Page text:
Last December, Pilgrim’s Pride Went Bankrupt. The repercussions on chicken farmers are still being felt.
Please consider At Chicken Plant, a Recession Battle.
DOUGLAS, Ga. — This small town was devastated in February when its largest employer, Pilgrim’s Pride Corp., said it would close a chicken-processing plant as part of the company’s bankruptcy filing.
Since then, city and county officials have been working to find a buyer who could save the plant’s nearly 1,000 jobs and $300,000 in annual county tax revenues. But there’s a problem: Pilgrim’s Pride isn’t eager to sell.
Pilgrim’s has so far rejected a $32 million bid for the plant from Amick Farms LLC of Batesburg, S.C., company and city officials say. Another chicken company took a look and decided Pilgrim’s asking price was too high, say people familiar with the matter. City officials say the company kept a prospective bidder from touring the plant, making it a challenge to market.
Pilgrim’s says it hasn’t been offered a fair price for the plant and is cautious about letting rivals see its manufacturing processes. In an email to the city of Douglas, Pilgrim’s President and Chief Executive Don Jackson said, “With declining demand for chicken in this terrible economy we need to remove chicken from the market. This would not be accomplished with a sale.” While he said he recognized the “devastating impact” a closing would have on Douglas, “the actions do strengthen the company and help protect the jobs” of the company’s 40,000 U.S. employees and farmers.
Many businesses in the U.S. are struggling with excess capacity. From autos to airlines to houses, “there’s a landscape of industries and sectors that are recognizing that they’re going to need to scale down,” says Nancy L. Rose, an economist at the Massachusetts Institute of Technology Department of Economics in Cambridge.
With no plant to process the birds they raise, local chicken farmers have no income to pay off debts. Months ago, the hundreds of cavernous, metal-and-wood chicken houses in the county were worth at least $200,000 each when filled with chickens, farmers say. Now, except for flies and old feathers, the structures sit empty and are virtually worthless.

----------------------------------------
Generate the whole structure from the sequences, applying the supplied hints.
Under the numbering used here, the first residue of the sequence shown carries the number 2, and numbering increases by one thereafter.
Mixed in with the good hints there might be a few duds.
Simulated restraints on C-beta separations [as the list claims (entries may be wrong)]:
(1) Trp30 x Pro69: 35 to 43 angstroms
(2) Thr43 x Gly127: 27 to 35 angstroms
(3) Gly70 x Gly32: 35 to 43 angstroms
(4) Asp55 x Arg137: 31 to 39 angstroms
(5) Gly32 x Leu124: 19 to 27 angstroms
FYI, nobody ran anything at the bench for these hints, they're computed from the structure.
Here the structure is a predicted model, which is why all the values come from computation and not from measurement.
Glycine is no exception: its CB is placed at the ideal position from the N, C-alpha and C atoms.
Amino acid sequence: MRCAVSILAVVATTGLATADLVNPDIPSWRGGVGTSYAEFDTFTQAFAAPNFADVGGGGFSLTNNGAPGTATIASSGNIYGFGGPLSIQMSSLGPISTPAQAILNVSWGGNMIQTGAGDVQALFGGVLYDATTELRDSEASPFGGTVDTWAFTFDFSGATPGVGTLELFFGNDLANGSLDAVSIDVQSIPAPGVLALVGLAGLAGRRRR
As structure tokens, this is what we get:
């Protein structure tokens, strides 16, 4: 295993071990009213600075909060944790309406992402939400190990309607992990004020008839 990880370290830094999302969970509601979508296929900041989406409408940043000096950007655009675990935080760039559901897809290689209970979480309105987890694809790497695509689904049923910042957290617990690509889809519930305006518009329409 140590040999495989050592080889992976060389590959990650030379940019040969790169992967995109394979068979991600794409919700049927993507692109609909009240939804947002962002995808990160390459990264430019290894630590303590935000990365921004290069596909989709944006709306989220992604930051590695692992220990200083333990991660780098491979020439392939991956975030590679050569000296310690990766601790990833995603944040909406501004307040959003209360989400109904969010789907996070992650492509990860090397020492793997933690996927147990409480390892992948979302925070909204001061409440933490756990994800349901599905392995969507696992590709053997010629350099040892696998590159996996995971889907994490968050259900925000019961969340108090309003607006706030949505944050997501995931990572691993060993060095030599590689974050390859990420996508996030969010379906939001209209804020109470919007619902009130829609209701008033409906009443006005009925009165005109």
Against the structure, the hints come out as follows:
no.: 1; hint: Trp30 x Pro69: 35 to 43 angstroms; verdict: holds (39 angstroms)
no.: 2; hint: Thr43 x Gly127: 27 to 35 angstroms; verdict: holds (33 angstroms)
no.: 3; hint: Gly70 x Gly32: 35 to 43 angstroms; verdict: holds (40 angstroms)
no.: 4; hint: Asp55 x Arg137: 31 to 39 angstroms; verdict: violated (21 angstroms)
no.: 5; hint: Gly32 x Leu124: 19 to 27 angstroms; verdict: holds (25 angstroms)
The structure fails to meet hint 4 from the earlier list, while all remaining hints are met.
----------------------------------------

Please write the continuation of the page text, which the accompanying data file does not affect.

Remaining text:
Mr. Jackson, Pilgrim’s CEO, appears to have struggled over the decision to shut the plant. In a March 11 email to Ms. Lewis, the Economic Development Authority official, he said: “I do not mean to ‘pluck the heart’ out of Douglas or any other community. All of my 58 years have been spent in agriculture. Thirty of it in the chicken business. I grew up on a farm and my father spent his entire life farming. Not some ‘rich’ farmer but one just like your neighbors in Coffee County. He would be sick over this situation.” Mr. Jackson declined to be interviewed.
Pilgrim’s began dismantling chicken operations in the area, slaughtering hens and selling off eggs. The steps were necessary because “you can’t close a plant and have tens of thousands of live chickens there with no place to go,” Pilgrim’s bankruptcy attorney, Stephen A. Youngman, said in court transcripts.
Douglas residents still hope the plant will reopen. One recent afternoon, after a corporate jet landed at the local airport, rumors flew that a buyer might have arrived. It turned out the plane was carrying executives from Little Debbie, a maker of cookies and cakes, doing business in the region.
Oh’ The Humanity!
I am not sure quite why but the above story reminds me of a scene from the Cincinnati WKRP Turkey Drop Episode.
“As God is my witness, I thought turkeys could fly!!!” — Arthur Carlson, WKRP in Cincinnati.
The above quote is from the famous WKRP in Cincinnati episode where Station Manager, Arthur Carlson (played by Gordon Jump), arranged to have live turkeys dropped from a helicopter as an advertising stunt.
Unfortunately, this turned out to be a serious miscalculation. The poor birds plunged to earth, never even having a chance. Their tragic “last flight” was relayed to WKRP listeners by reporter Les Nessman, played by Richard Sanders:
“It’s a helicopter, and it’s coming this way. It’s flying something behind it, I can’t quite make it out, it’s a large banner and it says, uh – Happy… Thaaaaanksss… giving! … From … W … K … R… P!! No parachutes yet. Can’t be skydivers… I can’t tell just yet what they are, but – Oh my God, Johnny, they’re turkeys!! Johnny, can you get this? Oh, they’re plunging to the earth right in front of our eyes! One just went through the windshield of a parked car!
Oh, the humanity! The turkeys are hitting the ground like sacks of wet cement! Not since the Hindenburg tragedy has there been anything like this!”
Tomorrow a report on lobsters.
Mike “Mish” Shedlock
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